Durham Meeting Report

Stephen Ransome reports on the February meeting of the Durham and North East Branch:

From Philadelphia to Lords

A small group of members gathered to hear our Treasurer, Malcolm Pratt, talk about his life and experiences in cricket , ranging from the local recreational game to his involvement in the development of England’s most recent First Class County.

Malcolm, described by one member as ubiquitous, gave ample evidence of that ‘label’, outlining his life in the game which has been full, committed and successfully influential.

He is the youngest of seven siblings, from Shiney Row ,then Co Durham now Tyne and Wear, and was brought up in the pit village suffering the hard upbringing so often associated with pit village life. He attended Shiney Row School and did well at English and Maths. It is possible that these skills were the root of Malcolm’s lifelong involvement in the game – his Maths teacher also took cricket and his maths and English provided the basis for future employment.

From an early age he followed cricket but, on his own admission, he was keen but not very good at the game. He, nevertheless, played occasionally at junior level for his local team, Philadelphia and graduated to U18’s and the occasional game for the second team. He recounted one memorable game ,the only one he played for the first team, at local rivals Eppleton. He was posted to long off and spent most of the evening peering over and retrieving the ball from behind a wall beyond the boundary, struck there by ,Jack Howe ,a fearsome smiter of the ball. Inevitably, Howe hit one flatter but no less hard towards Malcolm who , going through all the emotions that most fielders go through when confronted by such a situation, took a stinging catch, to his great relief and, possibly, amazement, only to overhear a spectator mutter loudly ‘he didn’t catch that well’. (Maybe that the spectator was referring to the batsman not hitting it higher?).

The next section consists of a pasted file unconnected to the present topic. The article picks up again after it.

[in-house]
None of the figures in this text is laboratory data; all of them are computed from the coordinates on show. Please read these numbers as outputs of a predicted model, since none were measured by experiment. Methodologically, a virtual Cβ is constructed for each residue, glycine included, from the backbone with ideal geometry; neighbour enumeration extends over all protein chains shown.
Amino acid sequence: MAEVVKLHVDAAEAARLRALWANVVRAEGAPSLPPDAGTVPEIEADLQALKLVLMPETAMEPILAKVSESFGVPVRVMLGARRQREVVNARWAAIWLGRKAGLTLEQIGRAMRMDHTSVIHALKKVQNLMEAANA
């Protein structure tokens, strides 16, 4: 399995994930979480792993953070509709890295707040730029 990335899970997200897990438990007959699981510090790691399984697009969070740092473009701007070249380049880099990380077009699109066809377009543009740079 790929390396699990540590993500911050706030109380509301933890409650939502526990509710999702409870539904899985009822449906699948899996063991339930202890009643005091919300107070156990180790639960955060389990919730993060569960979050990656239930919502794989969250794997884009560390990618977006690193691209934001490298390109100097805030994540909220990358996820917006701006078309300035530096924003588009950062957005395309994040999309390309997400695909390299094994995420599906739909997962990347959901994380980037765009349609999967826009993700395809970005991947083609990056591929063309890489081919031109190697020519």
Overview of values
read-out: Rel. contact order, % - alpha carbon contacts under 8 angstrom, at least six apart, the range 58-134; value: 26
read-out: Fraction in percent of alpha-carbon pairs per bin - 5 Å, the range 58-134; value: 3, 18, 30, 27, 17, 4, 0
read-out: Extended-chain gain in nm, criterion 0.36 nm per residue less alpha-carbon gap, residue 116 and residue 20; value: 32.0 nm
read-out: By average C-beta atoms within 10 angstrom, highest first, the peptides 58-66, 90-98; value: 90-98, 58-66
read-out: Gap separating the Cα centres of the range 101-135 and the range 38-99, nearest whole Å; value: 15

Malcolm’s main contribution to his club, though ,was as a scorer. His skill at this had been noted and , to illustrate how seriously the game was taken, was subsequently interviewed, successfully, by the full Club committee for the position of First XI scorer. He recently found, `while sorting through some papers in his loft, the meticulously recorded minutes of that meeting.

Fred Gill , the Chairman of Philadelphia Cricket club became a major influence in Malcolm’s future. Gill summoned Malcolm to see him one morning . Malcolm, fearful he had committed some horrendous error, expected a dressing down but was, firstly, applauded for his skill in keeping the score book then asked what he intended to do when he left school.. Gill was also the boss at the National Coal Board ,at the local Colliery, and subsequently gave Malcolm his first employment. Within a short time Malcolm was also informed, much to his surprise ,that he had been appointed Assistant Club Secretary. As Malcolm added ‘you don’t argue with the boss’. All this at the age of 17 and sealed Malcolm’s long and illustrious future involvement in cricket administration and club development.

He has subsequently served the club in numerous roles , for over 60 years, and is currently their chairman having effectively set the club on a sound financial base. They are debt free for the first time since 1962 and repaid its debt 18months ahead of schedule. Some clubs borrow to pay revenue expenditure which tends to be a risky strategy. A philosophy of not paying players, other than a professional, encourages local players to enjoy the game. He believes the introduction of Premier League Cricket has destroyed local league cricket as it puts too much pressure on clubs to pay players with promotion /relegation the objective. He laments, also, attempts to interest junior players, in the game and the club, through an offer to the local schools, of free cricket coaching during the summer, did not yield a single response.